Need ACS Data? Get it for free on PolicyMap
We’re excited to announce that you’ll start seeing the Census’ American Community Survey (ACS) data next week on PolicyMap! You’ll see a number of key indicators like population, income, and educational attainment first. Then, you’ll have access to the full spectrum of ACS data over the next few months as we roll it all into the platform.
For our free registered and public users, this move to ACS data means you’ll have access to these 2005-2009 estimates, rather than having to rely on the 2000 Census data only in your maps and tables.
For our subscribers, it means your reports will contain these new 2005-2009 estimates, rather than the Nielsen estimates and projections, when possible.
So just what is the Census’ American Community Survey (ACS)?
The American Community Survey has replaced the longer version (“long-form”) of the household survey from the Decennial Census. Rather than distributing both a short survey and the long-form in 2010, the U.S. Census Bureau instead distributed only the short survey as the Decennial Census. Beginning in 2000, the U.S. Census Bureau also began administering the new ACS Survey, which is comprised of the bulk of the questions from the old Census long form. For the first time ever, the Census’ December 2010 release of the 2005-2009 ACS data included small geographic estimates, which we have chosen to incorporate into PolicyMap. The ACS data provides demographic, social, economic and housing characteristic estimates on a rolling basis (from 2005-2009), whereas the 2010 Decennial Census provides counts of the population and their basic characteristics (sex, age, race, Hispanic origin, and homeowner status) as a snapshot in time (for 2010). The move from the long-form on the Decennial Census to the ACS format allows PolicyMap users to enjoy annually updated detailed population characteristics, rather than having to wait for the Decennial Census data release. The ACS differs from the Decennial Census in that it is not an enumeration of the population, however. Instead, the Census Bureau collects ACS data from a sample of the population, and it provides a margin of error for every ACS estimate. Margins of error are not shown on PolicyMap, but users are encouraged to call us or visit the Census’ website with questions about ACS estimates shown on PolicyMap.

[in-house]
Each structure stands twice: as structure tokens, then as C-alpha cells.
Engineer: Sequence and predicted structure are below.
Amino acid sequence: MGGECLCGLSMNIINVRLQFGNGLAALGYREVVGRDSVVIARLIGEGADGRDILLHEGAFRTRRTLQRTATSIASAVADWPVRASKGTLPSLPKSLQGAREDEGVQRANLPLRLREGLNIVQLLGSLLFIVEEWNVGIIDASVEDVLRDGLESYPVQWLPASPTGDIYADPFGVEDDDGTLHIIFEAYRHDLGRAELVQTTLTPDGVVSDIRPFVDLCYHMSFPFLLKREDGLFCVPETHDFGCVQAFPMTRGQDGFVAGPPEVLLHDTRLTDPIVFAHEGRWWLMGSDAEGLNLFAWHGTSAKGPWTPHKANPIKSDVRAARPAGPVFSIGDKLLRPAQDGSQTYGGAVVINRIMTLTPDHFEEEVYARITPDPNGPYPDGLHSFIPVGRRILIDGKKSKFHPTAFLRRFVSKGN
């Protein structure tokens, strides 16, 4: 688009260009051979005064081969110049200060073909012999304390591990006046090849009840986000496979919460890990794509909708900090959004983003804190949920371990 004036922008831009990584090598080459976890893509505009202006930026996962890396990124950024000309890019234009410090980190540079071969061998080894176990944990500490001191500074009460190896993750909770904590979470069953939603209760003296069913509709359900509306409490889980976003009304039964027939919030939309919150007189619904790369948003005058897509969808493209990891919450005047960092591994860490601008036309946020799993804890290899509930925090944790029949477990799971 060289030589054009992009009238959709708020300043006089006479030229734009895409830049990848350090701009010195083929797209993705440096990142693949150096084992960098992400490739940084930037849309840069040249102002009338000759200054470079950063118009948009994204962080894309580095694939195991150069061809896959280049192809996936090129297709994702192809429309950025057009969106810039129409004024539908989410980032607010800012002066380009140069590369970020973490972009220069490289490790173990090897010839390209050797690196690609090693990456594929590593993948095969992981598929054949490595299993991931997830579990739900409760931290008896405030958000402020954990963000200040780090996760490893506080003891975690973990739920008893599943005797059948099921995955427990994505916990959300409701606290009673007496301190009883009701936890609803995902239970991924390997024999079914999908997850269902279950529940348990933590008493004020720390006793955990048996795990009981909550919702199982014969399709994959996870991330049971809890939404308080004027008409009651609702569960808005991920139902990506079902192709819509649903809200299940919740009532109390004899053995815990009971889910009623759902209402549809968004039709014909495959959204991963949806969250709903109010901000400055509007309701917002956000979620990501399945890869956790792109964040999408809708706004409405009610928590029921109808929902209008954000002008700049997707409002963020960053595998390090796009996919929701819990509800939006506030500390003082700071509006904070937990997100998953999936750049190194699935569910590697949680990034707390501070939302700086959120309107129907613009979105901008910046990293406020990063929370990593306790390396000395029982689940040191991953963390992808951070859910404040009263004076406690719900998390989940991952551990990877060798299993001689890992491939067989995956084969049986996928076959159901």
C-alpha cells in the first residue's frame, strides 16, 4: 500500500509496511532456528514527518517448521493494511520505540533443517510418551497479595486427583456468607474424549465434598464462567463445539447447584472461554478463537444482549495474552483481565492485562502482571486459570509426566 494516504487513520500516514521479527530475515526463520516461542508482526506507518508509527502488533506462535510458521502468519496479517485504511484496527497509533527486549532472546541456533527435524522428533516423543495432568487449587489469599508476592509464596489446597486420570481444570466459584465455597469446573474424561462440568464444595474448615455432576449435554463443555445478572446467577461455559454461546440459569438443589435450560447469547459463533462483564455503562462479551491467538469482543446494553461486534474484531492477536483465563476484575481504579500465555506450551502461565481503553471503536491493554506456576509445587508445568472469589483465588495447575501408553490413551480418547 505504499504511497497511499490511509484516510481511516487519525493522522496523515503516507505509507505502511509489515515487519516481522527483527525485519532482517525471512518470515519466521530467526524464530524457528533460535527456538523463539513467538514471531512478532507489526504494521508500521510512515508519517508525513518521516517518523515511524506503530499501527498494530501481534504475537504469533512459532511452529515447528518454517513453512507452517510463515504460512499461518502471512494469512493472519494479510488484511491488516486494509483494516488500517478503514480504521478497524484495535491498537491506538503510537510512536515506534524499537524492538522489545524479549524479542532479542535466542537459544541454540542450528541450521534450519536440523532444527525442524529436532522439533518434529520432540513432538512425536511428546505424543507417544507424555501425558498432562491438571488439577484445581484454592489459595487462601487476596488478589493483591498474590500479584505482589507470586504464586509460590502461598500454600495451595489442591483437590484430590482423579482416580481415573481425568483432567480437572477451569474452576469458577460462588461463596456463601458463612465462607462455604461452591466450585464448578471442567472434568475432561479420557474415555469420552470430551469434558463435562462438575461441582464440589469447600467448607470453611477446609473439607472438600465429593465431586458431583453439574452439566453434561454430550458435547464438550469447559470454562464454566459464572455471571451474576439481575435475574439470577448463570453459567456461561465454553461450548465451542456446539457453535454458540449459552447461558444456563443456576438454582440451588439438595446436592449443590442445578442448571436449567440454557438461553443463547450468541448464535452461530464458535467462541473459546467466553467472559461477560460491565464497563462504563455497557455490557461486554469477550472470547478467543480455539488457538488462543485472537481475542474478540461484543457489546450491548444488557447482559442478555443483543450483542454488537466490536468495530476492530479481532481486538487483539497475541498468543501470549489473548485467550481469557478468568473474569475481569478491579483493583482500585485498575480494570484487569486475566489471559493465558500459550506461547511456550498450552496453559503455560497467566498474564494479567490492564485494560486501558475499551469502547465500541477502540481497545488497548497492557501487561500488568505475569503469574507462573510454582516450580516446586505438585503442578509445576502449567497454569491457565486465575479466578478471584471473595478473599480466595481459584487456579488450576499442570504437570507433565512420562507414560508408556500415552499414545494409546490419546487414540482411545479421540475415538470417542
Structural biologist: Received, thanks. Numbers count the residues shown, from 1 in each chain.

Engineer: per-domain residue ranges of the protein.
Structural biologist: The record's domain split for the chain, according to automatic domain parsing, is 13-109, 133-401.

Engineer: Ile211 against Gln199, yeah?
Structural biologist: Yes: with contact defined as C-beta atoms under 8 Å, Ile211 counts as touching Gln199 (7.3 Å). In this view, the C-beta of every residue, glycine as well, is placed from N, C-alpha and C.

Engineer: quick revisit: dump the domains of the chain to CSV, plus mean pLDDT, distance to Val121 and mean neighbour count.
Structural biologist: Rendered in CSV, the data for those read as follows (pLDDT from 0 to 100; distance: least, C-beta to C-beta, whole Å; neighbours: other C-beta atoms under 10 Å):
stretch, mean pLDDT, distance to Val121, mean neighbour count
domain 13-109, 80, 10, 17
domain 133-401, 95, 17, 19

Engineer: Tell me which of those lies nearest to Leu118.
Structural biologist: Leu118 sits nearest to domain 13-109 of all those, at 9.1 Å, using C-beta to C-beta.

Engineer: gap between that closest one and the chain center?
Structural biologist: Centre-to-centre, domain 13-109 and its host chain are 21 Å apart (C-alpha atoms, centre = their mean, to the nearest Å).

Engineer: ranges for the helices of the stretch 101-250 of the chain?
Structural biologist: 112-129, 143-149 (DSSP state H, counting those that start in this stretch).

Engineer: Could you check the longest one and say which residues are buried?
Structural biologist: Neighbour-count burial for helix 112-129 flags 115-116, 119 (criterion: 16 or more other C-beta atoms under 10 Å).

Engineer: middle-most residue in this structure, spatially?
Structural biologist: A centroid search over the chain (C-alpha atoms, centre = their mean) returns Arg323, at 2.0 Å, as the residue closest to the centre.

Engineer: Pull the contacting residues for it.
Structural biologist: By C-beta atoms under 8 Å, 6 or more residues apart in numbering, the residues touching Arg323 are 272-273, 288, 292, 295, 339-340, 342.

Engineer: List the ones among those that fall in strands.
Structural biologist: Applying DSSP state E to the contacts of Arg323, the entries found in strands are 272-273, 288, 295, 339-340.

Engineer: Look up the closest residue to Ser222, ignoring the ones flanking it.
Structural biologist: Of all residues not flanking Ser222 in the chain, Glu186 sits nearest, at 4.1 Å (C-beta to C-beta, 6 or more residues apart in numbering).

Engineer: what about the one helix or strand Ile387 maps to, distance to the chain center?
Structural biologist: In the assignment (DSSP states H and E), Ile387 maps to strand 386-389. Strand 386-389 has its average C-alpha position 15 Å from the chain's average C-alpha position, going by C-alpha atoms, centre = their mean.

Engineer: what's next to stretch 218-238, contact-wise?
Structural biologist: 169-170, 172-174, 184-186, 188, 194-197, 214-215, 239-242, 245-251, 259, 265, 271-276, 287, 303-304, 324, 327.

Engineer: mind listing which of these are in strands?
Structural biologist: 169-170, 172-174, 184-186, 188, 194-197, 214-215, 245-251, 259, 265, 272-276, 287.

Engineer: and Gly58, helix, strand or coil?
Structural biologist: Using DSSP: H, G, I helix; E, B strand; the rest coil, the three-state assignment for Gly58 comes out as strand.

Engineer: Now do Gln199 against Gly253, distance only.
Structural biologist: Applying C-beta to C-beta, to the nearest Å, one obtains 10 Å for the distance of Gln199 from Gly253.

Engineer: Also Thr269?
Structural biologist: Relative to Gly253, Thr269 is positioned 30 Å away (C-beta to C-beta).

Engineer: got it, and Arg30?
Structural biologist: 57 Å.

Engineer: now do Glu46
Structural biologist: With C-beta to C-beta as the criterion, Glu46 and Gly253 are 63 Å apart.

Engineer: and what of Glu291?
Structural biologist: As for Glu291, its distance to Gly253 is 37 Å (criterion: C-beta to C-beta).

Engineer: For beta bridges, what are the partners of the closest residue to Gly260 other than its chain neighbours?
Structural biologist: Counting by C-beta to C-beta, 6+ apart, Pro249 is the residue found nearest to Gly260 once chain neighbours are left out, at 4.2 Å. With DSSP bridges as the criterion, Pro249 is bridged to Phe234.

And just a note about the Census 2010 data…
Once the Decennial Census 2010 data is available at small geographies, we’ll load it into PolicyMap. The Census reports that this data will be available for us to load sometime this summer.